Have you ever been on a ride and found you had made a mistake? What were you thinking getting on that? I admit, I can handle just about any roller coaster you place before me. Fast, upside down, loops, turns – I love them! However, I abhor anything that goes around in a continuous circle. I cannot stand the movement and tend to feel sick to my stomach quickly. I recall one Tilt-a-World ride as a kid and how I immediately threw up the moment the ride ended. Since that time, I have avoided those spiny rides at all costs!
There are three stages of experiencing one of these park rides: standing in line, the ride itself and the effects on your body. Keeping these stages in mind, we can compare our grief journey to an outing at an amusement park.
This summer I enjoyed Disneyland for the very first time. I was amazed at the work and effort they placed in making the cue line for the ride part of the actual experience. My favorite was Indiana Jones and the Temple of Doom. As we waited nearly an hour to get on the ride, time passed quickly. We wove in and of the jungle and ventured into caves tunnels. Before we knew it, we were at the front of the line!
As we journey through grief, we too can lose track of time. Unfortunately, the time in grief is not as pleasant as the cue lines at the park. A day may fly by without our accomplishing anything. Where did the time go? How did the day get away from us like that? The weight of loss can affect how we view the passing of time. Some days will fly by and we honestly will not remember what we did. Others tend to drag along so slowly, that we question whether we will even survive.
Waiting for grief to pass, is really the ride, or experience, for those who have lost a loved one. We wait for the hurt to go away. Each day holds its own challenge as we struggle to finish our grieving. We desire to get off this ride we have been strapped on to without our permission.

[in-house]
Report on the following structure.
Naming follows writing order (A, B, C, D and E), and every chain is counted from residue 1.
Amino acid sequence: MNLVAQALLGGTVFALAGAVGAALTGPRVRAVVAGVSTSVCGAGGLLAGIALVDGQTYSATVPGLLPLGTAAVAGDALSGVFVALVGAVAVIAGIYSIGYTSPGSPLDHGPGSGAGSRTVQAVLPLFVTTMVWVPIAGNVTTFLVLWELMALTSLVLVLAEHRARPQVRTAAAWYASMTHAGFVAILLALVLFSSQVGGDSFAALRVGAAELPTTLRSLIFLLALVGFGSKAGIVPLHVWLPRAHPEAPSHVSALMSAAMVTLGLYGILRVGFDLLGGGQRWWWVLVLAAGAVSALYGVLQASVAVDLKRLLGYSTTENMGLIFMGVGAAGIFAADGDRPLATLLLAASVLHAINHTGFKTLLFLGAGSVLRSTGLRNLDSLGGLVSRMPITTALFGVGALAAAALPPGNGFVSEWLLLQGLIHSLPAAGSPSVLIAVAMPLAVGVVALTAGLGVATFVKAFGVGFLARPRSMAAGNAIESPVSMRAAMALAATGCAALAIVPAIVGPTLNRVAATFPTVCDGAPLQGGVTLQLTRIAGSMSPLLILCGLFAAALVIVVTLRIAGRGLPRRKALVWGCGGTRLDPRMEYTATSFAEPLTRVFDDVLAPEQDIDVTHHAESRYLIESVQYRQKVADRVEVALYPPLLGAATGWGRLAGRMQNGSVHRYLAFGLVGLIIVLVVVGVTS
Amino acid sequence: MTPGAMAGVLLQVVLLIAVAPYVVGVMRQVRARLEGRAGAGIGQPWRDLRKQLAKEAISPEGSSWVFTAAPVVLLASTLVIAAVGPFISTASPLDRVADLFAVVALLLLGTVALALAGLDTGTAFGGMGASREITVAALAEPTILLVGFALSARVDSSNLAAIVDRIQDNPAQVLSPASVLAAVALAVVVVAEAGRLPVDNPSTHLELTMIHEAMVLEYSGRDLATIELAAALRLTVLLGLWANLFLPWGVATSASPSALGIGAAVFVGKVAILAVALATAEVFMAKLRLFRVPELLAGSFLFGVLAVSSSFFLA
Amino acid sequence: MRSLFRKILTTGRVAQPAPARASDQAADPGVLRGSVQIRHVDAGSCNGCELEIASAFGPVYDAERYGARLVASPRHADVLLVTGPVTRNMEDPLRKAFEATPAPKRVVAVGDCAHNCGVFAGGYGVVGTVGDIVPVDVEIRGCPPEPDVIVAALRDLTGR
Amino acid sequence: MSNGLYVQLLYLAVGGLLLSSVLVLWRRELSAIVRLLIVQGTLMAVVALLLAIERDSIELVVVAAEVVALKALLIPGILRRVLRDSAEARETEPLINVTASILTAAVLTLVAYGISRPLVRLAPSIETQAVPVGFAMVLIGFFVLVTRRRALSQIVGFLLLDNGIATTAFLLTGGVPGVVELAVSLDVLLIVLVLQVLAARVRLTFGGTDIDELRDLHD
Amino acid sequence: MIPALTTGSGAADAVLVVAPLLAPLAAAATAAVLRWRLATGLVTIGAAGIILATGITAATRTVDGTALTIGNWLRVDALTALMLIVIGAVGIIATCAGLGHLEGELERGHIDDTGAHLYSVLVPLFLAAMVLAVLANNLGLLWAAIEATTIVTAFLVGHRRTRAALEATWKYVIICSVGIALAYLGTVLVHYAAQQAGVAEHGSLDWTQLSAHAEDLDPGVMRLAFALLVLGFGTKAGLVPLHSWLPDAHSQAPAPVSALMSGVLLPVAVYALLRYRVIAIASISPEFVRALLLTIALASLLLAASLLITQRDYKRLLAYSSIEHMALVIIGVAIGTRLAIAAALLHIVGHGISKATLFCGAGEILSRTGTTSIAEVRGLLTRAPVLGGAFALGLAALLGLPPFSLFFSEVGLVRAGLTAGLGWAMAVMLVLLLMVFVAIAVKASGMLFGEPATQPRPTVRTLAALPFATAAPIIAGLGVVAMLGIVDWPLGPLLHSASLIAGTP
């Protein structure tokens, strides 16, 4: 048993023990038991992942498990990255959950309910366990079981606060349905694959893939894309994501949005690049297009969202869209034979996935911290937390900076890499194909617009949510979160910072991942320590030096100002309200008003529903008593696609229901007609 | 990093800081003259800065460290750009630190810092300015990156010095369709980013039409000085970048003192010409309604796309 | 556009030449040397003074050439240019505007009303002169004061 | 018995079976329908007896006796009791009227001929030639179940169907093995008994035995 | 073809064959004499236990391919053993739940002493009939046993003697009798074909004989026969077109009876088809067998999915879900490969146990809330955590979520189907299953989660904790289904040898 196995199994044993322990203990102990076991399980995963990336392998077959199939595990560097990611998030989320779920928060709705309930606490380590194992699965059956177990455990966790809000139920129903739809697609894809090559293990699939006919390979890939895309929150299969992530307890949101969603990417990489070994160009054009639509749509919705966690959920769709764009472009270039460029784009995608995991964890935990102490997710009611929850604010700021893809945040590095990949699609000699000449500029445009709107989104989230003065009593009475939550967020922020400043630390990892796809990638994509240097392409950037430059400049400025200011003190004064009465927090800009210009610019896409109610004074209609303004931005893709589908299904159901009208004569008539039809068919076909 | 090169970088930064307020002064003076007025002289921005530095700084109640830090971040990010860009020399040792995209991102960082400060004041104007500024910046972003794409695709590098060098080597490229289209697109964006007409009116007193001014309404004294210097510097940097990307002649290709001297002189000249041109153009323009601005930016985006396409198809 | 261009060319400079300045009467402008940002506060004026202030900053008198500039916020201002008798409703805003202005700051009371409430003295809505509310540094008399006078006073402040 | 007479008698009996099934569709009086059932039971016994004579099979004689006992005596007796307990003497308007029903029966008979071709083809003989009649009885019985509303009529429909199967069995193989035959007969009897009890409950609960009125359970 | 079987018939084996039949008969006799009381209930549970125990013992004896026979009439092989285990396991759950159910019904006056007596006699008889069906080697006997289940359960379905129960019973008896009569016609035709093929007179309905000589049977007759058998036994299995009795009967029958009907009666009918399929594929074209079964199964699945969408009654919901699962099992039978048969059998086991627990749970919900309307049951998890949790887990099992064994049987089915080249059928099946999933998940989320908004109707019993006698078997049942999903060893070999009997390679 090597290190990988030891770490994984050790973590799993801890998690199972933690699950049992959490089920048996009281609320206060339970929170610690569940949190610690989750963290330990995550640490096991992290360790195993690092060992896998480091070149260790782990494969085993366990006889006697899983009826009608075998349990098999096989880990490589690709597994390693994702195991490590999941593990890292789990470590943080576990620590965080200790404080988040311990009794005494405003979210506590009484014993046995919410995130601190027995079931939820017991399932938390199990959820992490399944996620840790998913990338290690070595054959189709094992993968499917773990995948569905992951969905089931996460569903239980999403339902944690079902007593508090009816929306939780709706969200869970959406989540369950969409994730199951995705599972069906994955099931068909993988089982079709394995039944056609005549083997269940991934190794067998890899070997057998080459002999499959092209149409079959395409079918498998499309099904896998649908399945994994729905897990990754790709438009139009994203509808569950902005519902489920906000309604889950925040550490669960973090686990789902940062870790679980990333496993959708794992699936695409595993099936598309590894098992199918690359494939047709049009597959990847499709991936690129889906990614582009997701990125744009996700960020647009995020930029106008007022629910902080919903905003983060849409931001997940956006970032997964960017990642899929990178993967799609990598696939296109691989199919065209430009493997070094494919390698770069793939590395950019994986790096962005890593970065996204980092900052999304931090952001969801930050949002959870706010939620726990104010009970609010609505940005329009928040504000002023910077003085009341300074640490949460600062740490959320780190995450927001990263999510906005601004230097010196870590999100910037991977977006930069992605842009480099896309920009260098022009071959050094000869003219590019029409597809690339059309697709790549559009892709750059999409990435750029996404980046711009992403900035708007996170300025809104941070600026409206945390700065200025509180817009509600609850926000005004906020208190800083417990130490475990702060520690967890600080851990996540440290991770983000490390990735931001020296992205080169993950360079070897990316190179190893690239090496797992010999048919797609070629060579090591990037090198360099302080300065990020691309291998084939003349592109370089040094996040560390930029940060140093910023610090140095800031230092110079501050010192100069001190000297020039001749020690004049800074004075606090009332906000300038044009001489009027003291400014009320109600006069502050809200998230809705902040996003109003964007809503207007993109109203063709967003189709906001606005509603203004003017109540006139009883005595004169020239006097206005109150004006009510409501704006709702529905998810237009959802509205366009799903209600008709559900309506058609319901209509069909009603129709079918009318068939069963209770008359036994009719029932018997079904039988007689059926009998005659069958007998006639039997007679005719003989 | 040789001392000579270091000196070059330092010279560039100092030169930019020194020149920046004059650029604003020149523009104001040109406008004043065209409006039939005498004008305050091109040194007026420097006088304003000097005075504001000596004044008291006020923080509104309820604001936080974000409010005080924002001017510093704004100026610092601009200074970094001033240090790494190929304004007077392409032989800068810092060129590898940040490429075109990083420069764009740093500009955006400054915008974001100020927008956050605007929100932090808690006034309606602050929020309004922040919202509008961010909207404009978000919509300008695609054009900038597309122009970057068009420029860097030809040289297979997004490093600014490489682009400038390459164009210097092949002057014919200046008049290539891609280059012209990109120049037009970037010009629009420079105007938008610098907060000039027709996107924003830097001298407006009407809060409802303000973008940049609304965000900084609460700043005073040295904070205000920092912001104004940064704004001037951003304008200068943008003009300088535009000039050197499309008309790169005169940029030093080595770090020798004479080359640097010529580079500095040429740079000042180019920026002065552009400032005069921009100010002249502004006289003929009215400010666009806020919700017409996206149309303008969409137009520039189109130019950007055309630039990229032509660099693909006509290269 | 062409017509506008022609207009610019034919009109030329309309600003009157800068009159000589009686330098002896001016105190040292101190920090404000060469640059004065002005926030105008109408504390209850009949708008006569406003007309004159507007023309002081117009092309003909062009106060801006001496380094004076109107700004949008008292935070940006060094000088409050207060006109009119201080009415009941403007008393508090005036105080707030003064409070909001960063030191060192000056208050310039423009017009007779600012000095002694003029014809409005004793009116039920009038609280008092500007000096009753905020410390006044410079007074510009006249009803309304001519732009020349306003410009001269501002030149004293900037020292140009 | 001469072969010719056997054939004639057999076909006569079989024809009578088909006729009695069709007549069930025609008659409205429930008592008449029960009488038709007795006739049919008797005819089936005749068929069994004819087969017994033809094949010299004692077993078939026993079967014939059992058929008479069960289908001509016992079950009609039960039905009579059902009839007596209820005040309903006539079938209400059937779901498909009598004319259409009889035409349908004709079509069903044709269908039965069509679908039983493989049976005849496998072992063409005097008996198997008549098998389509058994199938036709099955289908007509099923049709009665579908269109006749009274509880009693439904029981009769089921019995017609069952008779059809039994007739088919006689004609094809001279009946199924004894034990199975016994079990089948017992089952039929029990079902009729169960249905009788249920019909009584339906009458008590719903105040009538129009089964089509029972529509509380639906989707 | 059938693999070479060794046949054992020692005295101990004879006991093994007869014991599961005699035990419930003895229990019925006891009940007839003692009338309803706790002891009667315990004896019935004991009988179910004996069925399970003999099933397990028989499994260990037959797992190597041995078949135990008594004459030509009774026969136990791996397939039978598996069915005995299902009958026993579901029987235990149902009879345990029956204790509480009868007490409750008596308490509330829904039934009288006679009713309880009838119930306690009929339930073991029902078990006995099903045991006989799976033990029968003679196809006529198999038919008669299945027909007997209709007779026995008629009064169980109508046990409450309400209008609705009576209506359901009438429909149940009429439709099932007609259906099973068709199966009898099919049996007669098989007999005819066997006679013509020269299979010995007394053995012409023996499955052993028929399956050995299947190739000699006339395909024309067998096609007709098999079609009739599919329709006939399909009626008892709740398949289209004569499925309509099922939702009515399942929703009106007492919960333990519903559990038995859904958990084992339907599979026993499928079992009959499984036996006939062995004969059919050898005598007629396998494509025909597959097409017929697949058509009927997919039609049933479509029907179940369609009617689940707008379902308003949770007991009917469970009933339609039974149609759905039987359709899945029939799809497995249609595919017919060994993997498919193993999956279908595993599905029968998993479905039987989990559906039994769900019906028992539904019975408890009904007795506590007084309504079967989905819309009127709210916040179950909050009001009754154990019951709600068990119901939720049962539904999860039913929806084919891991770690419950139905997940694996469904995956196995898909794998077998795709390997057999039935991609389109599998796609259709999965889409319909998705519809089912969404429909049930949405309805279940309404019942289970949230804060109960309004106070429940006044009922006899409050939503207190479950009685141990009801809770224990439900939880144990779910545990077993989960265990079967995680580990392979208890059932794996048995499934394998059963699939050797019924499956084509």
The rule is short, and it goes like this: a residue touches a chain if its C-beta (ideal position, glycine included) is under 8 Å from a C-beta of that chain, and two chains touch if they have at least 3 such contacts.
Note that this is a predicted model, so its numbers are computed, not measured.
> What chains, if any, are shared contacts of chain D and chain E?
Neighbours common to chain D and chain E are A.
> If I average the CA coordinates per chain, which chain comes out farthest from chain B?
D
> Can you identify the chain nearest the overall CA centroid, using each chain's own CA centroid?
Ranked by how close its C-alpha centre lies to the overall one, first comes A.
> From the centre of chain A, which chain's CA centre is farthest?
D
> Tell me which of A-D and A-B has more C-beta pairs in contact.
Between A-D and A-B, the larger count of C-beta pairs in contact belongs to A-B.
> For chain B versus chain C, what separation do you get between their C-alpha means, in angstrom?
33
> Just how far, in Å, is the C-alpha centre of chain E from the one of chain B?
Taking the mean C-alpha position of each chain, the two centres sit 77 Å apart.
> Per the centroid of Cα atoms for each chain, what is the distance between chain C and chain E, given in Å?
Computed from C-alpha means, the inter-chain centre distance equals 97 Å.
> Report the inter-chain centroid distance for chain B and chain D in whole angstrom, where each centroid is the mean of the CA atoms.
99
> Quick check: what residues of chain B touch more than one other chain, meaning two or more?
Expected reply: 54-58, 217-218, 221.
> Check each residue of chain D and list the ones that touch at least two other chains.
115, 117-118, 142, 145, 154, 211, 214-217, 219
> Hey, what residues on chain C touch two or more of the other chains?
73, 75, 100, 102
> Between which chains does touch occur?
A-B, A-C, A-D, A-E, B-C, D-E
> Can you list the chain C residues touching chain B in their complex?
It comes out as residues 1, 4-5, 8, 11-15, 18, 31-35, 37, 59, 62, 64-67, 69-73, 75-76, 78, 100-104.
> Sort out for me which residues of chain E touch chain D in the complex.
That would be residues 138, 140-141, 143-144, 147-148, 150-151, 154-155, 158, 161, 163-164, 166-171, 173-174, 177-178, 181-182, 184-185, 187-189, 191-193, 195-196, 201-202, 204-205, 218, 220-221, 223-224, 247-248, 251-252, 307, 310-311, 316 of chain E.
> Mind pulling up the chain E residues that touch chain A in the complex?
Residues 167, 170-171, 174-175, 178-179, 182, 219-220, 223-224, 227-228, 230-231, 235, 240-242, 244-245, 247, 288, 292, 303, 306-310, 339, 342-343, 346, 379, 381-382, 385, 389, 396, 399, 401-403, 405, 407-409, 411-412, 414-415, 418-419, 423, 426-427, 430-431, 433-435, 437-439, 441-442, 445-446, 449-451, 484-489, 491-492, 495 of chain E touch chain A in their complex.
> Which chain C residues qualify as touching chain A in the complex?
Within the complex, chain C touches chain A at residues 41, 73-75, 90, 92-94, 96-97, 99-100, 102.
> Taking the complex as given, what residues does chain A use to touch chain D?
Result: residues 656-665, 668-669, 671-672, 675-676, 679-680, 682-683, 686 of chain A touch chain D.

Just as a roller coaster can make us dizzy and raise our heart rate, grief also takes a toll on the body. Those in grief often have no appetite and forget to eat. Sleep seems impossible and the idea of resting and ever feeling refreshed again can be a long-lost dream for the bereaved. Perhaps sleep is all you want to do. Finding the energy to get up and out of the house is difficult at best.
Getting proper nutrition and rest is vital to stay well and journey successfully through your grief. Being aware of challenges you may have in these areas is the beginning to getting help. Seek the advice of a nutritionist or doctor. Find what works for you to wind down in a healthy way at night so you can get the rest your body demands. Turn off the television and read a book. Drink some hot tea and allow your body to relax and mind to slow down.
Going through your grief is like entering an amusement park for which you did not purchase a ticket. Yet, you find yourself strapped in and trapped, unable to get away. Remember, the only way off the ride of grief is to go through it and finish it up. While it will be longer than you desire, realize that only by accepting your journey, will it be shortened. While we may scream “Let me off this ride” the only way off is by going through it.
Until next time –